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The Power 100 (No. 100 - 76)

By , - Last modified: February 6, 2017 at 6:56 AM
100. The voters (NR)
100. The voters (NR)
Remember them? If you’re a politician, you’d better. The silent majority just showed they are tired of being taken for granted. And instead of talking to them, you’d better listen to what they have to say. There’s never been a time when the power of a single vote, and get-out-the-vote moments, have been so important. The message, we must admit, goes as much to the media and the pollsters as the politicians. Figuring certain communities will vote a certain way, or even vote at all, should never be assumed again. “A lot of people learned a lot of things about voters this past election,” one insider said. “It will be interesting to see how the next election goes.” In Jersey, it comes this year, when voters pick the next governor. And that vote will have more impact on next year’s list than any other person.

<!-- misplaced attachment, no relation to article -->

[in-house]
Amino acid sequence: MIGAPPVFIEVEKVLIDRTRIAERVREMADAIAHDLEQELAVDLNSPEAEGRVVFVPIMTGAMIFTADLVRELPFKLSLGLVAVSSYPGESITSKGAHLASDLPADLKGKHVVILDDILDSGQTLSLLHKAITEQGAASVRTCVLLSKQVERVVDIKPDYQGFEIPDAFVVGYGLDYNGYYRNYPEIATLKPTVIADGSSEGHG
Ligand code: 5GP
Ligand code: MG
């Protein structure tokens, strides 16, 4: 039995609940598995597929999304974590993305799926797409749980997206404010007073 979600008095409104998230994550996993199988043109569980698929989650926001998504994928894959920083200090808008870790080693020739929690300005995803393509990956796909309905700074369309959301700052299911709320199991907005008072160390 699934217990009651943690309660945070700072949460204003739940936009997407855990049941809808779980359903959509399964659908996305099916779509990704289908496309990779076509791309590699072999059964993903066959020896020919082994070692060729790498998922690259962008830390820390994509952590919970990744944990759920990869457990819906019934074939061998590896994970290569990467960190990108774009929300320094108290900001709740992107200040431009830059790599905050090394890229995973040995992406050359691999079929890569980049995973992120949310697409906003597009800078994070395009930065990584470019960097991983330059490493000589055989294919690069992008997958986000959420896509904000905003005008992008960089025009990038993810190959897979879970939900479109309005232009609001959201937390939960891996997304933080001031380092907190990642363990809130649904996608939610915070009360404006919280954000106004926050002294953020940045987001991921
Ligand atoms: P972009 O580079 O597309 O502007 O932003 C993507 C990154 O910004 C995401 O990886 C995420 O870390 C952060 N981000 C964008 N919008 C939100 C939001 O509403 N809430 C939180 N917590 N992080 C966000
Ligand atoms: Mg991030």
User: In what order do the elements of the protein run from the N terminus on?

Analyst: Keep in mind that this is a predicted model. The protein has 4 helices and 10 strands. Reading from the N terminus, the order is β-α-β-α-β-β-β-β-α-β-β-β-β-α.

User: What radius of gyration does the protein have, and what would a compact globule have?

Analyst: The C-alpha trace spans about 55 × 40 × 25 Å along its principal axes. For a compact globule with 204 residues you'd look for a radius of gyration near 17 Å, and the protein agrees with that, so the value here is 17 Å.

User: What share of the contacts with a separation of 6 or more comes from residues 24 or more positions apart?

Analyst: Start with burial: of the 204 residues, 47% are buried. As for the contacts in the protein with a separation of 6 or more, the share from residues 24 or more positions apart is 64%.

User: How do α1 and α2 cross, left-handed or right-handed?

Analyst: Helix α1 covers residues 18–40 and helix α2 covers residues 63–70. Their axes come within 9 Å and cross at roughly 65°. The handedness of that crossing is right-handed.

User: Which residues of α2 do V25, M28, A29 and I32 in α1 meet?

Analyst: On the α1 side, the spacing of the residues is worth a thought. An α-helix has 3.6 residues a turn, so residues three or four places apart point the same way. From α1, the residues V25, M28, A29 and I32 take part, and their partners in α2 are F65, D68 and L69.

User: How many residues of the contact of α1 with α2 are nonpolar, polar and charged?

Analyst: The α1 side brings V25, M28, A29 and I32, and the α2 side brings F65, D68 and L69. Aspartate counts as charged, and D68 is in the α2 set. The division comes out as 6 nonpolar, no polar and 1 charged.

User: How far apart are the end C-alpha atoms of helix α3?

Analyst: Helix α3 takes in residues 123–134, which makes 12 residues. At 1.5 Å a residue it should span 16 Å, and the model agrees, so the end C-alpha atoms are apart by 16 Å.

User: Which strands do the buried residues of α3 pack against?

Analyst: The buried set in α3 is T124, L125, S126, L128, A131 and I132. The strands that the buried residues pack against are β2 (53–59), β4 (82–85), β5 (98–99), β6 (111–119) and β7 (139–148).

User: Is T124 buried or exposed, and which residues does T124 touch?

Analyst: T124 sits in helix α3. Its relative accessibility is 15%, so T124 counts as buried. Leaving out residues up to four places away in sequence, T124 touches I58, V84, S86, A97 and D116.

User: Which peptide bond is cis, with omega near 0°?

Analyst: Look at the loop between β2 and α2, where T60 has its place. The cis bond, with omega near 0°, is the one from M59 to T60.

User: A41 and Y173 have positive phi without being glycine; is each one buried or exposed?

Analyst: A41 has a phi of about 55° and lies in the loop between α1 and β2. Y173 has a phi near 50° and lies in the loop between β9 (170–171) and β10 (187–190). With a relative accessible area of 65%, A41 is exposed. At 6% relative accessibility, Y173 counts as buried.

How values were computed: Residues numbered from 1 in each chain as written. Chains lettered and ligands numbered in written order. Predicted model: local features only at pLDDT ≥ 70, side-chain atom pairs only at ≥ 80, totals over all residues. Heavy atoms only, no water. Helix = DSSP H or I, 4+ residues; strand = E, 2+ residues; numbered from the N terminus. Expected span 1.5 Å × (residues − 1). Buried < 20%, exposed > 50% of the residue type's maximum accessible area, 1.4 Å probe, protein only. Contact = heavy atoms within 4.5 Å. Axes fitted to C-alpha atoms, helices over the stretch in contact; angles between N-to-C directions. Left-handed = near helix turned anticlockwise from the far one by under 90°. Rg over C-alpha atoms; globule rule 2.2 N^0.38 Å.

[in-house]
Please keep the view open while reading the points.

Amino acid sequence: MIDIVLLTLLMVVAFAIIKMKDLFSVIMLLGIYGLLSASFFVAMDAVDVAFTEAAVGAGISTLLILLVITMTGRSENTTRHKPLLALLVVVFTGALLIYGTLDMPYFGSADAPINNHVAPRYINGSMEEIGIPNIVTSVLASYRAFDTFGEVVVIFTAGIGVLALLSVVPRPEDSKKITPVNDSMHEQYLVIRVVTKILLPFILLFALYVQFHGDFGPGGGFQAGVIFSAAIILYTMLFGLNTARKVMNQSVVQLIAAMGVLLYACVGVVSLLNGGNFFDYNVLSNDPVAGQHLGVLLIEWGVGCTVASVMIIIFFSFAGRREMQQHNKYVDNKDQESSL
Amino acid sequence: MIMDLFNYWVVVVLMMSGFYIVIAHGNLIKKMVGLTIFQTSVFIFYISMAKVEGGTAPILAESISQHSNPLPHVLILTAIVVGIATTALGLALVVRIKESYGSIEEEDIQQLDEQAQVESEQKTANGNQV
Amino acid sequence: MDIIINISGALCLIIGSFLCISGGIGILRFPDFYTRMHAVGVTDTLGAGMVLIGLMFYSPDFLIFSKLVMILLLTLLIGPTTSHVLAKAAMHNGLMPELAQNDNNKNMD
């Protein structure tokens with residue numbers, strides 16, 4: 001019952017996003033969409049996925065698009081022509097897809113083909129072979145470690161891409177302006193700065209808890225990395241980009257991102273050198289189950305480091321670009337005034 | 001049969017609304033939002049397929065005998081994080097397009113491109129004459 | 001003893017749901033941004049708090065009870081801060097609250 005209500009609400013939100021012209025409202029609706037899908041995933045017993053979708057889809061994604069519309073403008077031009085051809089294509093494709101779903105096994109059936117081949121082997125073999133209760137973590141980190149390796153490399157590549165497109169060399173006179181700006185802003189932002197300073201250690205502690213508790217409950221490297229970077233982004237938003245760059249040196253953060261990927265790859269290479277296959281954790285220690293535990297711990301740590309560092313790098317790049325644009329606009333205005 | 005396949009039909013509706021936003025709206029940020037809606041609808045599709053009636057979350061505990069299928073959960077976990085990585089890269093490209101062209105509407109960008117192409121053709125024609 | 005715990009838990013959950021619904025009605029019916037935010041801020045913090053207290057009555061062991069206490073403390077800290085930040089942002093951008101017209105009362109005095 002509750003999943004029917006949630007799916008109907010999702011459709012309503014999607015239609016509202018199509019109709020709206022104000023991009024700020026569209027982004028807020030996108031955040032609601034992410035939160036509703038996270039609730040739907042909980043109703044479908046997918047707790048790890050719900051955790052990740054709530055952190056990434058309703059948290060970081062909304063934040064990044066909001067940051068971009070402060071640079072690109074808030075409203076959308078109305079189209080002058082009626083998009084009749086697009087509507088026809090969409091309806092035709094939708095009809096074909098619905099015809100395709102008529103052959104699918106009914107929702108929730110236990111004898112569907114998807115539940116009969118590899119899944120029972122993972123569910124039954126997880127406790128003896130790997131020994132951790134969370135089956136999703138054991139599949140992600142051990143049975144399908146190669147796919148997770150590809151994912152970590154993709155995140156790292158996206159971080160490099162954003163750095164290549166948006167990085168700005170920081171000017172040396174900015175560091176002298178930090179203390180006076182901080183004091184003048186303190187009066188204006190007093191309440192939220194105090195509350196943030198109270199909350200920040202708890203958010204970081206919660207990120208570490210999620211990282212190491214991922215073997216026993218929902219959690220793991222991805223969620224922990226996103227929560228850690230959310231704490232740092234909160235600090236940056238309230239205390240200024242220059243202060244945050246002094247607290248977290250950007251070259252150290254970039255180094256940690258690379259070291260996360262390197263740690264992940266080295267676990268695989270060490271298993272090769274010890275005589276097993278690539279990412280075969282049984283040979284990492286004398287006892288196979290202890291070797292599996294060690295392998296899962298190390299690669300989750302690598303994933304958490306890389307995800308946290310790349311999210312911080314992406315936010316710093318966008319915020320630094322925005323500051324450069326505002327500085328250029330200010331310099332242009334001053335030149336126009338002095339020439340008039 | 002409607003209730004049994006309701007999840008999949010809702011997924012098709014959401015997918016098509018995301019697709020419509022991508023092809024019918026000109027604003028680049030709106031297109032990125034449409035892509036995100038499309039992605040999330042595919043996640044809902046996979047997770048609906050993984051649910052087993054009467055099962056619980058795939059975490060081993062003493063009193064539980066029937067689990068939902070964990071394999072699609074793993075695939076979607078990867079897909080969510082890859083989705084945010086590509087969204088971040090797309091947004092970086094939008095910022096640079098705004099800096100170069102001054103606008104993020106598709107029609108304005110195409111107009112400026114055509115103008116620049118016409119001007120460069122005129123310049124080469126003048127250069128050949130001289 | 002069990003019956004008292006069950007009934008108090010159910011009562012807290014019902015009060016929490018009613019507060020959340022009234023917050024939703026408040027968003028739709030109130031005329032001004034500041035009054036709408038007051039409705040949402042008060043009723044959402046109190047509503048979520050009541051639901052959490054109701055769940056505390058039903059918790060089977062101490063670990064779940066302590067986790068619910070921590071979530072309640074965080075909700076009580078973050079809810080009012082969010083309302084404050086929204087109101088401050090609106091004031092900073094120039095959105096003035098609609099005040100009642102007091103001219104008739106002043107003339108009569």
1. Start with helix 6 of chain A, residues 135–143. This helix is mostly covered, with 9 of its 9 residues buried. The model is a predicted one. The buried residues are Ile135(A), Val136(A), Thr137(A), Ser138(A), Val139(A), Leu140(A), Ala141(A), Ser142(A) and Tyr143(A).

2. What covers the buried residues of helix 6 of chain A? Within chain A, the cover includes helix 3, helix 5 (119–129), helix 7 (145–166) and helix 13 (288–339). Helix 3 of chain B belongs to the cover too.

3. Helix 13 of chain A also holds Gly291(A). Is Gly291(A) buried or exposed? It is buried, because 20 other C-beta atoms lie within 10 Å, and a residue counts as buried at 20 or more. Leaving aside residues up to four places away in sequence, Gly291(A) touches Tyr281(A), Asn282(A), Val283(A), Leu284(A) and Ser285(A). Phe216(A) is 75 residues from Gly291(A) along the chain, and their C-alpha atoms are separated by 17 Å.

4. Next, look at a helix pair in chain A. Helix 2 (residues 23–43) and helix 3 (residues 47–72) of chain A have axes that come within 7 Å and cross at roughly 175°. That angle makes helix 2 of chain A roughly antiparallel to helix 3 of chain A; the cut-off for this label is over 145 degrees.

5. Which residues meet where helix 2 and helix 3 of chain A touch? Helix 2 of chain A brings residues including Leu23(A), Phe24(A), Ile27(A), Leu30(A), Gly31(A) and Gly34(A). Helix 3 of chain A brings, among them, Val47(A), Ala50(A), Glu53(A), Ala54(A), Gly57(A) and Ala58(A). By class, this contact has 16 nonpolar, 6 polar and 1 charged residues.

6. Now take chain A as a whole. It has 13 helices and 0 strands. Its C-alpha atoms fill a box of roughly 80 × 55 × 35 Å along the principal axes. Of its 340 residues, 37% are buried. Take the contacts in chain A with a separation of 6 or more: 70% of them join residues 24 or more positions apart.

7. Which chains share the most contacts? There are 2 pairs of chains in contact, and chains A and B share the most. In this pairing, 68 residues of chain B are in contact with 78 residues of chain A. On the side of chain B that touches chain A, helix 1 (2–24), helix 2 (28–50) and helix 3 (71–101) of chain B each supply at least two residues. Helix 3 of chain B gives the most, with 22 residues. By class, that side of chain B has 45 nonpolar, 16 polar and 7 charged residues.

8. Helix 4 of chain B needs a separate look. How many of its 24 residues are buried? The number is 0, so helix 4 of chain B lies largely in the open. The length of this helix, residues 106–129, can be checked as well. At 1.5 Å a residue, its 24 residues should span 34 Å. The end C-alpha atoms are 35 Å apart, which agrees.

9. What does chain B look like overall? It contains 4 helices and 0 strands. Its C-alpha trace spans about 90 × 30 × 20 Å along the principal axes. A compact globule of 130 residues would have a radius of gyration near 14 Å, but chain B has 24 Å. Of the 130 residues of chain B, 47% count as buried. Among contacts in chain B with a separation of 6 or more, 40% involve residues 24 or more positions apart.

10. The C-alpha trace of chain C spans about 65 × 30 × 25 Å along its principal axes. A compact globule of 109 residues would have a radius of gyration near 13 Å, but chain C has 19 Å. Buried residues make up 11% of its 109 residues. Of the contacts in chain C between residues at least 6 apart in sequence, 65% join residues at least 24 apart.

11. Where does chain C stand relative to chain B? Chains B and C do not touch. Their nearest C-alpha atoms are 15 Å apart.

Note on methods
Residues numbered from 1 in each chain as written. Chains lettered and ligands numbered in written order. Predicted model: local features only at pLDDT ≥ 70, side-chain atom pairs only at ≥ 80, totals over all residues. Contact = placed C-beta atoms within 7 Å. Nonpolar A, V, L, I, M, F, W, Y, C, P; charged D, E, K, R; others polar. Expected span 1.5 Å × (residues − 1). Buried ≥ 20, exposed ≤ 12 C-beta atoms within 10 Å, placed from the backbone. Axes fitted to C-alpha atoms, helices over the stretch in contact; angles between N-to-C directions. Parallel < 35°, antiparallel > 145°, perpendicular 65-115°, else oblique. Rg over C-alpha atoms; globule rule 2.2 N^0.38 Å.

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Remember them? If you’re a politician, you’d better. The silent majority just showed they are tired of being taken for granted. And instead of talking to them, you’d better listen to what they have to say. There’s never been a time when the power of a single vote, and get-out-the-vote moments, have been so important. The message, we must admit, goes as much to the media and the pollsters as the politicians. Figuring certain communities will vote a certain way, or even vote at all, should never be assumed again. “A lot of people learned a lot of things about voters this past election,” one insider said. “It will be interesting to see how the next election goes.” In Jersey, it comes this year, when voters pick the next governor. And that vote will have more impact on next year’s list than any other person. Is there anyone who wouldn’t take his call or his counsel? The state is lucky to have such a revered elder statesman who, when called upon, can influence any conversation by the depth of his knowledge and the quality of his character. As we move into a new world of politics, many in the state willingly look back to older times, when Kean was running the state. “His presence and gravitas can not be overstated,” one observer said. “It would be great if we could have someone of his ilk again.” That being said, it is clear that Kean still has influence. “How could he not?” asked another. “He knows everything and anything about the state.” Perhaps it’s fitting that he’s No. 99, a number synonomous with ‘The Great One.’ President Trump wants to bring manufacturing back to the United States. And it only makes sense for Jersey to be a landing spot, considering the quality of the workforce and Trump's familiarity with the state. The administration's first call should go to Kennedy, the solid head of the New Jersey Manufacturing Extension Program. He is ready to help build up what the state has going while adding more companies. It's the old joke: She's the person you hope you never have to call. But when it comes to crisis management and image and brand consulting, there are few better than the head of Evergreen Partners. “The trick is, she's always behind the scenes,” one insider said. “Everybody knows her. There doesn't seem to be anybody of any regard in the state who doesn't know her or hasn't talked to her. She's been a player in one form or another for 30 years.” Zita has been pushed for the list for years. This year, the co-founder of Kaufman Zita Group pushes through and makes it. “She’s one of the top public affairs people in Trenton,” one insider said. “The recognition is overdue because it’s certainly recognized by others.” This trio of legislators may be in line for everything from Assembly Speaker to lieutenant governor. Is there any truth to it? Better question: Does it matter? In an election year, speculation alone raises your stature. Who? Fair question, but you’ll hear about them soon enough. Scudder is the state treasurer, while Steinhauer is the president of the New Jersey Education Association. On Scudder, said one insider: “He’s the treasurer of a budget that can’t be balanced. That’s where the fight is going to be. To me, he’s going to be in the power position. Do you think (Gov. Chris) Christie is going to want to deal with that? Scudder is going to be on the front line.” As for Steinhauer: “If he doesn’t make a deal as part of this budget, it’s going to screw the state. There will be fiscal implications. If they just hold fast and be obstinate, nothing is going to get done and it’s going to take more money away from infrastructure. The pension problem is going to strangle Christie’s successor. We’ll get a preview of that this year and it’s not going to be pretty.” The marketing, public relations and government affairs expert is connected to far more power people in the state than many realize. “Is there anybody he doesn’t know?” said one insider. And then there’s this: “There’s no one better,” another insider said. “If you’re going to have a public relations person on the list, he’s the one. He’s the master of the PR world and he’s very influential with people on the list.” Brown is the powerful chair of the board of governors at Rutgers, who may one day have to lead a search to find a replacement for Robert Barchi, when the president decides to retire. Hobbs is the athletic director who hopes his hires for the school’s football and men’s basketball team can find enough success to allow the athletic department to stand on its own financially. Still don't know her? Look her up. Her digital marketing company, Marketsmith Inc., is one of the best in the state and heads a collection of companies which do more than $100 million in revenue. But it is her commitment to charity and the community that sets her apart and makes her a model for how companies can be civic-minded and support the state and its residents. One insider, after truly understanding the depth of her work, had only one response: “She's a unicorn.” Gaining a seat on Horizon’s board was just the latest example of how connected Medina is. As the head of the Statewide Hispanic Chamber of Commerce, he has companies clamoring for the opportunity to understand how they can reach his ever-growing constituency. It’s hard for association heads to make the power list, but Hart — as anyone who knows her will tell you — is an exception. The founder and head of BioNJ is recognized globally for her work promoting life sciences, still a key sector in New Jersey. Saker owns and operates more than two dozen ShopRites in the state, but his involvement in the food industry goes much deeper. Saker is taking over as the head of the New Jersey Food Council, a group his father helped found and was first leader of, nearly 50 years ago. As one of the largest owners of ShopRites in the state, his influence in one of the state’s biggest industries (food) is huge. But his power crosses industries. He is on numerous boards; most notably, he is chairman of Hackensack University Medical Center Foundation. Here’s two things you may not know, according to an insider: “He’s one of the most philanthropic people in the state, helping so many people; no one knows about it.” And then there’s this: “Every major politician comes by to talk.” Much praise for the head of NJPAC because he uses the arts organization as a vehicle to drive so much more, one insider said. “This is a guy who so completely thinks outside the box of nonprofit fundraising. He’s really pushing on development. This is a guy who is so committed to the role of the arts in the state and in Newark, he’s formed associations with other corporate leaders. He has the most far-reaching arts engagement program that I’m aware of.” Any discussion about Cole always starts with a joke about the seemingly neverending construction boom at Montclair State University, where she is president. But that’s what happens when you rebuild and remake a higher ed institution into one of the state’s finest. “What she has done there is remarkable,” one insider said. “The new buildings and programs are top notch. She deserves a lot of credit.” The superlatives are never in short supply when insiders describe Davis, an executive vice president in charge of corporate affairs at RWJBarnabas Health. Smart … driven … prepared … professional. And then there’s this: “Make sure you don’t cross her; she is more powerful than a lot of people realize.” Her impact goes beyond health care and Trenton. Davis is president of the Executive Women of New Jersey, an organization doing great work to promote not just women but diversity and inclusion issues. Castner is another top corporate and regulatory official, making sure Trenton is well aware of the views of Horizon Blue Cross Blue Shield of New Jersey. “Castner was a solid pickup for Horizon; few are as well connected,” one insider said. “The OMNIA issue appears to have passed, but that doesn’t make him any less influential or any less important to Horizon. This is a guy you want to have on your side. Even more importantly, he’s a guy you don’t want to go up against.” Siekerka continues to build the New Jersey Business & Industry Association into a force that rivals the state chamber in significance and power. “Michele has been great since taking over,” one insider said. “She instantly earned the respect of the business community.” The good news: The two organizations are willing to work together and often do. Many feel his impact as the leader of the State Chamber of Commerce grows in importance. “Whenever there is an election, candidates always want to know how to get in good with the business community, no matter what they saw outwardly,” one insider. “Tom is very well connected.” It starts in his own board room. “That’s one of the most powerful boards in the state. It’s something that really helps set the state chamber apart.” Verizon’s point person in Trenton (and elsewhere) always gets nods from our insiders. “She’s a government relations person of high class,” one said. “She’s invisible to some extent, but that’s how government relations people are supposed to be. But don’t be fooled, there are few better.” Five years into job, Farvardin has succeed in elevating Stevens Institute of Technology to an even higher level. Applications are up, both in quality and quantity, and the school’s graduates regularly enjoy one of the highest return on investment in the state. The world is rushing to find more STEM graduates; Stevens is producing them as well as anyone. “They are a hidden gem,” said one. The Princeton University president is sending out the message that the school wants to be more involved with the business community in the state. The news is welcomed by many who felt the prestigious university was more concerned with its global reach than its backyard. “They need to be more active here,” one insider said. “They have unlimited funds; they can do anything they want. They can come up with more things to be more active and be more of a connector.” The Trump administration is promising to deliver huge dollars to repair and update the country’s infrastructure. A number of top engineering, construction and architecture firms figure to benefit — and any number of them could fill this spot. One insider made a convincing push for Maser, of Maser Consulting. “Look at the wide variety of work they are doing around the state and the region,” they said. “Maser is as good as any.” As the executive director of the State League of Municipalities, he yields a lot of power and influence. This year, because of the recent affordable housing ruling, it’s even greater. “He will do the battles with Kevin Walsh,” one insider said, referring to the head of the Fair Share Housing Center. “He’s going to be pivotal on COAH. As the head of the municipalities, he’ll have a huge role in figuring out how this will all play out.”